Journal of Youth and Adolescence

, Volume 40, Issue 8, pp 931–944 | Cite as

Adolescent Sexuality and Positive Well-Being: A Group-Norms Approach

  • Zhana VrangalovaEmail author
  • Ritch C. Savin-Williams
Empirical Research


The link between adolescent sexual activity and psychological well-being is a controversial issue in developmental psychology. This cross-sectional study investigated the association between three aspects of teenage sexuality (genital sexual experience, age of sexual onset, and number of sex partners) and positive well-being (hedonic, eudaimonic, and overall) in a sample of 475 high school seniors (48% female; 89% White) from a single school district in a rural upstate New York community. Based on a group-norms perspective, we expected higher well-being in adolescents whose sexual behaviors followed group-normative patterns. As expected, sexually experienced and on-time (at age 16) students reported higher well-being than sexually inexperienced or late-onset (17 or older) students. Contrary to expectations, a high number of sex partners and an early sexual onset (15 or younger) were not related to lower well-being. Early-onset girls reported higher levels of well-being than normative-onset peers. Findings are discussed in relationship to theoretical perspectives and past empirical findings of teenage sexuality as a developmental asset versus risk.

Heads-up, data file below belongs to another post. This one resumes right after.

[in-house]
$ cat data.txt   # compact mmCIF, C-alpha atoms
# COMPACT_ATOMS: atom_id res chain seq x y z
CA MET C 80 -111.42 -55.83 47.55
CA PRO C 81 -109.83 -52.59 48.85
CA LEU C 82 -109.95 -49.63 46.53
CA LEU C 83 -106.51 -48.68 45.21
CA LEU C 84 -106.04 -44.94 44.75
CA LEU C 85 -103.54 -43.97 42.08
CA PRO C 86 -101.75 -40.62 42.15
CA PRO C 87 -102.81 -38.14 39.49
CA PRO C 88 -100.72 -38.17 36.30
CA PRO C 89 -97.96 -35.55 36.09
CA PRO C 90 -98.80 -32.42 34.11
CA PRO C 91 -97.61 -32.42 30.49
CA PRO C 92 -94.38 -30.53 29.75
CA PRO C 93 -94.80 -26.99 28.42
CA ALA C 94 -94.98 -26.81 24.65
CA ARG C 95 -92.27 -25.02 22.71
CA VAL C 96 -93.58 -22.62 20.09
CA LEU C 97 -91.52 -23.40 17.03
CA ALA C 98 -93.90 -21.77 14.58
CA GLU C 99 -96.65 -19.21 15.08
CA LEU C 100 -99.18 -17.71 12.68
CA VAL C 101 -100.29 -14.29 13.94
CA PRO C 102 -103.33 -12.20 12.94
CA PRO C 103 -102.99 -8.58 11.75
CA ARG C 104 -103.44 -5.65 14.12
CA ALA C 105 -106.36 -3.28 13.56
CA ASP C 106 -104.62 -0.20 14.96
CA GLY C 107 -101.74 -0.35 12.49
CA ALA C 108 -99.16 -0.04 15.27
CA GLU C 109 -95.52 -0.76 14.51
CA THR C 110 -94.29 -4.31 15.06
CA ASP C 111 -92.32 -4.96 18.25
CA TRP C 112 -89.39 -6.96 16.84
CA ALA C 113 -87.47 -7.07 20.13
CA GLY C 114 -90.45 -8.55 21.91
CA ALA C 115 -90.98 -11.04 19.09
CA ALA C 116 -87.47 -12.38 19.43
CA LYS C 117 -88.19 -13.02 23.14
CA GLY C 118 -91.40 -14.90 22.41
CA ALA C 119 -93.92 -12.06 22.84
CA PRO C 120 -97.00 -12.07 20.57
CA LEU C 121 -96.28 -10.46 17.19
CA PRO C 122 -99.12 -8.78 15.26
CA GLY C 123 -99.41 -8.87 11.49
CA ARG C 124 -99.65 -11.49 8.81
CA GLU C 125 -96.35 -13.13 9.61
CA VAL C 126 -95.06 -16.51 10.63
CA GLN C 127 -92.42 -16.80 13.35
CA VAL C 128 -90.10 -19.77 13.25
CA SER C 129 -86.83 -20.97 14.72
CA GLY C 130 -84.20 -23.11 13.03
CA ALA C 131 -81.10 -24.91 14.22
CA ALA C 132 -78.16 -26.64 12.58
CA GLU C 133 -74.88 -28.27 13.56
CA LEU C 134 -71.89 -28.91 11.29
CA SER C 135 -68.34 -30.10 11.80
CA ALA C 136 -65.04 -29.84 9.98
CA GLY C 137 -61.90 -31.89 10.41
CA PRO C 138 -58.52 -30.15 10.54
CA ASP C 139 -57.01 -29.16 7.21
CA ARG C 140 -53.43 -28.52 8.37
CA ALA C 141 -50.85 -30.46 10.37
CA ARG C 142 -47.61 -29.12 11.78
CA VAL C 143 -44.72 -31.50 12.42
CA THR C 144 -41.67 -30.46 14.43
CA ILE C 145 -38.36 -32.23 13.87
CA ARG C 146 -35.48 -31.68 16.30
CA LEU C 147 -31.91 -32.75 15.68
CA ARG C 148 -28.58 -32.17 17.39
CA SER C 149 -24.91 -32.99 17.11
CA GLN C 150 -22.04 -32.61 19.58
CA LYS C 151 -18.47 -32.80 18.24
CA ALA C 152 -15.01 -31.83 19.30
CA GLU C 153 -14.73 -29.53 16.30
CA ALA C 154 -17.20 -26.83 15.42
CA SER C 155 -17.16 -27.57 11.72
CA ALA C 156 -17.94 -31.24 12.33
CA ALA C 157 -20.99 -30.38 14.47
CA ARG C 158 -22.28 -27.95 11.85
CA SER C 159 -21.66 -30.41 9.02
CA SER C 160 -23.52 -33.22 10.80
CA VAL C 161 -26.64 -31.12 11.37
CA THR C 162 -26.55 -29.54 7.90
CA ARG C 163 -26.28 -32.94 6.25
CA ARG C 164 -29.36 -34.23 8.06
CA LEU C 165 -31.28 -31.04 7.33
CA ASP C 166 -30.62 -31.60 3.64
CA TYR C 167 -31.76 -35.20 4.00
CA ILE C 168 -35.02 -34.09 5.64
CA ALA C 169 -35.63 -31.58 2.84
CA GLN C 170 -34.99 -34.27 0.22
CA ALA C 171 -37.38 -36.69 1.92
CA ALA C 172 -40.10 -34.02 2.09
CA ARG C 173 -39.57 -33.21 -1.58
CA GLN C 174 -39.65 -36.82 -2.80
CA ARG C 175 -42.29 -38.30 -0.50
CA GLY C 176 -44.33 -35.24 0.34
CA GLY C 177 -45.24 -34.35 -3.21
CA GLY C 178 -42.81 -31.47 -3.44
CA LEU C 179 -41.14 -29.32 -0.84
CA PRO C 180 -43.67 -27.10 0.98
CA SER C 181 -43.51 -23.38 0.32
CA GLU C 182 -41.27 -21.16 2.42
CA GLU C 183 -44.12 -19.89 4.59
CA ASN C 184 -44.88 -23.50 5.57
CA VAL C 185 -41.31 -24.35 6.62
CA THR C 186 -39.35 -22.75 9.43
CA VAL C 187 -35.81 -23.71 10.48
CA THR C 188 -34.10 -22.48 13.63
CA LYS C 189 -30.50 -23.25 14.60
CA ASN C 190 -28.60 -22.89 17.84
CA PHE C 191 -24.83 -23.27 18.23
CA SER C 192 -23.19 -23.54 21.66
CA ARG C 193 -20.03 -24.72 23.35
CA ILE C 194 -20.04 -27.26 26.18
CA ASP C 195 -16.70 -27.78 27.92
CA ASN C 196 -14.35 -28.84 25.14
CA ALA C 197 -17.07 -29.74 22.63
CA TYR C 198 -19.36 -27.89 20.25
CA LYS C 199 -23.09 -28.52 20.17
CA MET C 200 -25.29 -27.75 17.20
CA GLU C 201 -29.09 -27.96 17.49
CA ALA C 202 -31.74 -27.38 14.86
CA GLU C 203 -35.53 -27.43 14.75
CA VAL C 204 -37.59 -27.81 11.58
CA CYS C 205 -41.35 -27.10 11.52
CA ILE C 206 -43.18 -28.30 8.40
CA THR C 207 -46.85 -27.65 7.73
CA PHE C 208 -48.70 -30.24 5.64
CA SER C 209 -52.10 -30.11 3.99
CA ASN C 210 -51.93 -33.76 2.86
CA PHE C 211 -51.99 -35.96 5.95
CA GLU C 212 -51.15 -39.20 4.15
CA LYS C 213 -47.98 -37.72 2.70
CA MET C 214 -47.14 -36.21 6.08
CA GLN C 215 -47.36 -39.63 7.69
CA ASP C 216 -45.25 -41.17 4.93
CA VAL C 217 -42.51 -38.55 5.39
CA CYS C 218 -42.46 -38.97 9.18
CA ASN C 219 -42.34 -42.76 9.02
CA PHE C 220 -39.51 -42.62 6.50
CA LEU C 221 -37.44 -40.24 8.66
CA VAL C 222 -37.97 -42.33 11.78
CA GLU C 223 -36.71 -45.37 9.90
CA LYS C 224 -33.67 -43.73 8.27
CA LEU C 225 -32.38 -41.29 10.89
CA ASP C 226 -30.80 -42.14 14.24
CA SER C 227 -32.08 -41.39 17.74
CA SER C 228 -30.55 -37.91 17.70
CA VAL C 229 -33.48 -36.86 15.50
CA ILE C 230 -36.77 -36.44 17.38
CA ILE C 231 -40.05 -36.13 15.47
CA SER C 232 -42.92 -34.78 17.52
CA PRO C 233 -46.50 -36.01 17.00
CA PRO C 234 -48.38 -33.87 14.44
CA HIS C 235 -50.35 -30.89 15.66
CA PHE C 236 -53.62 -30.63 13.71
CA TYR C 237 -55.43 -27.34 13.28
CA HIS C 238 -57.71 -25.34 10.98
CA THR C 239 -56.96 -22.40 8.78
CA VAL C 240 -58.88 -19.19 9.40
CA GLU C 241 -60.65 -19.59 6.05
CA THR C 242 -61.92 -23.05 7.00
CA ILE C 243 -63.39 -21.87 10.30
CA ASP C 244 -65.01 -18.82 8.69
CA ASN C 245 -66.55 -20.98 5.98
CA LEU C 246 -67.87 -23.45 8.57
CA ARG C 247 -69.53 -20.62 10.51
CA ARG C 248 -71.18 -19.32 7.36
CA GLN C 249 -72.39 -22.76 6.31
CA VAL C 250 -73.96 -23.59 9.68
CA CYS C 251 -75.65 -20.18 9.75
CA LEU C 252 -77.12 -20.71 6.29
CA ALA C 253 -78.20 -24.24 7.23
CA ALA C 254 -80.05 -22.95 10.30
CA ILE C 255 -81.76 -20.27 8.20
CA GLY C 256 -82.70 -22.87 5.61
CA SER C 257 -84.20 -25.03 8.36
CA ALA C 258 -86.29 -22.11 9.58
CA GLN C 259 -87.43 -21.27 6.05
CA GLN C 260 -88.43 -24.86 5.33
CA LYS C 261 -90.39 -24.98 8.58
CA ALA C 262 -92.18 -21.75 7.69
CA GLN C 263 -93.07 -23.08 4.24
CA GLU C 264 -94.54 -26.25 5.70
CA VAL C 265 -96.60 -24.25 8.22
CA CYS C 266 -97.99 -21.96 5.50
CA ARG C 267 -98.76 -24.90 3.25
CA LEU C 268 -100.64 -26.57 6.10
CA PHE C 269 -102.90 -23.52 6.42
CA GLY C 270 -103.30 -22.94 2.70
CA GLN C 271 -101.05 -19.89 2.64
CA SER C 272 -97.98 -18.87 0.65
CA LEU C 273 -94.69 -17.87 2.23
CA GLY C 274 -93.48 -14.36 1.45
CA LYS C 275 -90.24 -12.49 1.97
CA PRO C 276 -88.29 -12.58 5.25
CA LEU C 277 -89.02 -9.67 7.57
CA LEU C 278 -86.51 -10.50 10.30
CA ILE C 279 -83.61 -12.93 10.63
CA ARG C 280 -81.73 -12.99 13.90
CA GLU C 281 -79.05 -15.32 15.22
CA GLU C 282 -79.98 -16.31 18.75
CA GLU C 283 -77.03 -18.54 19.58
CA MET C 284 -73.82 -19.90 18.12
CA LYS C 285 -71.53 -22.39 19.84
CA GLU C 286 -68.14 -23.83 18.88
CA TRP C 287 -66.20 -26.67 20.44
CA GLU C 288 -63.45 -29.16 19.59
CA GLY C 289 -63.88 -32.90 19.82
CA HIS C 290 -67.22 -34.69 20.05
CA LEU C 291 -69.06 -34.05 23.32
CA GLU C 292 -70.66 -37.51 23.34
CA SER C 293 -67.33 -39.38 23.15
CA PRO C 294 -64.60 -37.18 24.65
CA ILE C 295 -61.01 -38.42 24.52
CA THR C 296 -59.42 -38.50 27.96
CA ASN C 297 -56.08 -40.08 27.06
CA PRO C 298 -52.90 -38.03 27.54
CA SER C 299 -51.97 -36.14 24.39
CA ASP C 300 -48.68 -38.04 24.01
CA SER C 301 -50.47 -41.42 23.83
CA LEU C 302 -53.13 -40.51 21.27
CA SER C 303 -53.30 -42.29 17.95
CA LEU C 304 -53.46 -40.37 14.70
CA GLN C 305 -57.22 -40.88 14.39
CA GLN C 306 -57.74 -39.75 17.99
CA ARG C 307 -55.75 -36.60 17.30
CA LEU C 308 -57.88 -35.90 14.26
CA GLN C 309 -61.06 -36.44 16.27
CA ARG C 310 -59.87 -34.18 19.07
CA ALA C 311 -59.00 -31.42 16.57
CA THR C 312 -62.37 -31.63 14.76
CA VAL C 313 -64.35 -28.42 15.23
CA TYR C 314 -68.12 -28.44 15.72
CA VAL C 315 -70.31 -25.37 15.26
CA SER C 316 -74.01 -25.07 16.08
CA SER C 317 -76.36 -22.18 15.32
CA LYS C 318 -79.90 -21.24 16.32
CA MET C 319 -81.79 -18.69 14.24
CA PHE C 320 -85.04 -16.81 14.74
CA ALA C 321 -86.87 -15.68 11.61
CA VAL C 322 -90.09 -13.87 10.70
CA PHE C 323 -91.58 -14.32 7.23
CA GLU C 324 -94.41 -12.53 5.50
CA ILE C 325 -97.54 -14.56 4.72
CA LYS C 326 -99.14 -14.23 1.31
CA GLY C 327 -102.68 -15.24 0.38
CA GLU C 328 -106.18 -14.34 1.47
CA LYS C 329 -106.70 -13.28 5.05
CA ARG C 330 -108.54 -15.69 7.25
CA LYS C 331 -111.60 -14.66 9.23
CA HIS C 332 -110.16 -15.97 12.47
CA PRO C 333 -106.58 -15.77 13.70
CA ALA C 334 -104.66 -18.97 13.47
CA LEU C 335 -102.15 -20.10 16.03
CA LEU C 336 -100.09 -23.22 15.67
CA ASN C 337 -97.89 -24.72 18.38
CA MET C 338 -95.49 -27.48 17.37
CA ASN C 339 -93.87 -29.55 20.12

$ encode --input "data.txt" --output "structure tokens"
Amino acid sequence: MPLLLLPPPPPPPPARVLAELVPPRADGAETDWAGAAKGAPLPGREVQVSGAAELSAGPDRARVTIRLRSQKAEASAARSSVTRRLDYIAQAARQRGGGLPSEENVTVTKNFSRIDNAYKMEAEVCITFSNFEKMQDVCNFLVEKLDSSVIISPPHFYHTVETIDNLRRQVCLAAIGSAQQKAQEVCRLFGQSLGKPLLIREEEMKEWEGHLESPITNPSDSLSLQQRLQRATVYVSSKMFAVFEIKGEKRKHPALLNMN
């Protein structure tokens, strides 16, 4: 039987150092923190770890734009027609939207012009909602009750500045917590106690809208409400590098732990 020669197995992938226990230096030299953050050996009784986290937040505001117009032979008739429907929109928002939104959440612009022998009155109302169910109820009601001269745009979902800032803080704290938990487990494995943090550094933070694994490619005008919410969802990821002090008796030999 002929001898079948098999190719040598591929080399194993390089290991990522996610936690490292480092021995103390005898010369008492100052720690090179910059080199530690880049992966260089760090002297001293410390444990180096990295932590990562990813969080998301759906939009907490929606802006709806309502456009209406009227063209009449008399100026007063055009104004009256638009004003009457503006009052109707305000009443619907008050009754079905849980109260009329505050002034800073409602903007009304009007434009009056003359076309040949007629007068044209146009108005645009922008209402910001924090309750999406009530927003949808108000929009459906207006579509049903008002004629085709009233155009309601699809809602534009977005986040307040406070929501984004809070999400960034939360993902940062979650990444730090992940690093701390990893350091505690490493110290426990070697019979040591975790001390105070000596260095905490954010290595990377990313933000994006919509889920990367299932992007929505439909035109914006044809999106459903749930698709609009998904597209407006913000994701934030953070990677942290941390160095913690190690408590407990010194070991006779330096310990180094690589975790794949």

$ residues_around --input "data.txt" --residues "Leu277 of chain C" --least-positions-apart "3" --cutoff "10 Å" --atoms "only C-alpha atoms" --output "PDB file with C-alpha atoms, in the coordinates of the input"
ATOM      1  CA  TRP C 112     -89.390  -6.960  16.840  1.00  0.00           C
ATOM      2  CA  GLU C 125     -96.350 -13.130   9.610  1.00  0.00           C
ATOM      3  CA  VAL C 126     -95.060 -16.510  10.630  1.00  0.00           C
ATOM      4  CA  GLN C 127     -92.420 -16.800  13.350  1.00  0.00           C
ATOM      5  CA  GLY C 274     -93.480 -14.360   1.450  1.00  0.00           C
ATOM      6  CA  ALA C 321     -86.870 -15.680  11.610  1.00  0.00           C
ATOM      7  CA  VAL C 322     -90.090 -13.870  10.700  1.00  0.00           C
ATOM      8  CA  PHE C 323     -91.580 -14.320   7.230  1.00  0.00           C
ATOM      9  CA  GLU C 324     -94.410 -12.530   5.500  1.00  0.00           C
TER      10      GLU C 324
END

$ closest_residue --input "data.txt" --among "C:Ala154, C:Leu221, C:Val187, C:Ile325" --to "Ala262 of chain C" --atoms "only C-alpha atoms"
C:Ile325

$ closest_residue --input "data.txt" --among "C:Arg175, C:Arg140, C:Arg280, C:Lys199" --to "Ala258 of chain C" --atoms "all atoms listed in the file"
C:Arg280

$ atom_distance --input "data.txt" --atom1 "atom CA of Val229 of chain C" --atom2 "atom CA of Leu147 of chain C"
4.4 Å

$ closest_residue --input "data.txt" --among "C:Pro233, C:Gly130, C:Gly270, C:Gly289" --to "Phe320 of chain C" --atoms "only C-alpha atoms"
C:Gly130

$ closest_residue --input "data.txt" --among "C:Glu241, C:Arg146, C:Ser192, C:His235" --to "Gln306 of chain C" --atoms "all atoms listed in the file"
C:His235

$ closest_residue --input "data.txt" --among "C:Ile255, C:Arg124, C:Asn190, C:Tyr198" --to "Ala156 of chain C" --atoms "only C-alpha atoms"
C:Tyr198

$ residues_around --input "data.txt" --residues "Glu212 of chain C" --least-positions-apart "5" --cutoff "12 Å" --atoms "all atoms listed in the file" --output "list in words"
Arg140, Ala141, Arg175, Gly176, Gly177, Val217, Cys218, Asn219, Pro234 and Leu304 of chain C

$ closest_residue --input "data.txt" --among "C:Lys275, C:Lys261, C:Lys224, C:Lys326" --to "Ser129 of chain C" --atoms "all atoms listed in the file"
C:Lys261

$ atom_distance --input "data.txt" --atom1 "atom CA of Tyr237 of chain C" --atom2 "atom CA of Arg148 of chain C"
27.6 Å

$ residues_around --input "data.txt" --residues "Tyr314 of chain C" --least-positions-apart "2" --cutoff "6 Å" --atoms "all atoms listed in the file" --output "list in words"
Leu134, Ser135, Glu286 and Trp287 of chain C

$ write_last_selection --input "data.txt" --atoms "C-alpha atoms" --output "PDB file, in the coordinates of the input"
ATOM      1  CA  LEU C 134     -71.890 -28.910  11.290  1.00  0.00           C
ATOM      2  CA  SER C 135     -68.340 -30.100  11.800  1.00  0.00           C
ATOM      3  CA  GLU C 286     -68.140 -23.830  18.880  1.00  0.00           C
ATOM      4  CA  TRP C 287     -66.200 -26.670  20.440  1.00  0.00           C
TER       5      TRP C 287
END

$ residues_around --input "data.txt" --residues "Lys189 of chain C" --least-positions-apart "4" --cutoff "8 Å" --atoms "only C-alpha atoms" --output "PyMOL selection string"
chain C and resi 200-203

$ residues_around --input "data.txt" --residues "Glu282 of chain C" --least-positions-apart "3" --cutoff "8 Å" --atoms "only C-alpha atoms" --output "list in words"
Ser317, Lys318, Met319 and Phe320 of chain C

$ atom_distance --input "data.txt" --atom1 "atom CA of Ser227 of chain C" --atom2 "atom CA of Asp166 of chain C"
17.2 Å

Adolescent sexual behavior Eudaimonic well-being Hedonic well-being Multiple sexual partners High number of partners Age of sexual onset 



We are grateful to Dr. Andrew Smiler for his assistance in designing the study and data collection, to the upstate New York State school district and school staff who were extraordinarily cooperative, to Vickie Liang for help with data preparation, and for financial support provided by Federal Formula Funds Research No. 2007-08-077 to the second author. This research was supported in part by the Cornell University Agricultural Experiment Station federal formula funds, Project No. NYC-321416, received from the National Institutes for Food and Agriculture (NIFA,) U.S. Department of Agriculture. Any opinions, findings, conclusions, or recommendations expressed in this publication are those of the authors and do not necessarily reflect the view of the U.S. Department of Agriculture.


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© Springer Science+Business Media, LLC 2011

Authors and Affiliations

  1. 1.Department of Human Development, Martha Van Rensselaer Hall, College of Human EcologyCornell UniversityIthacaUSA

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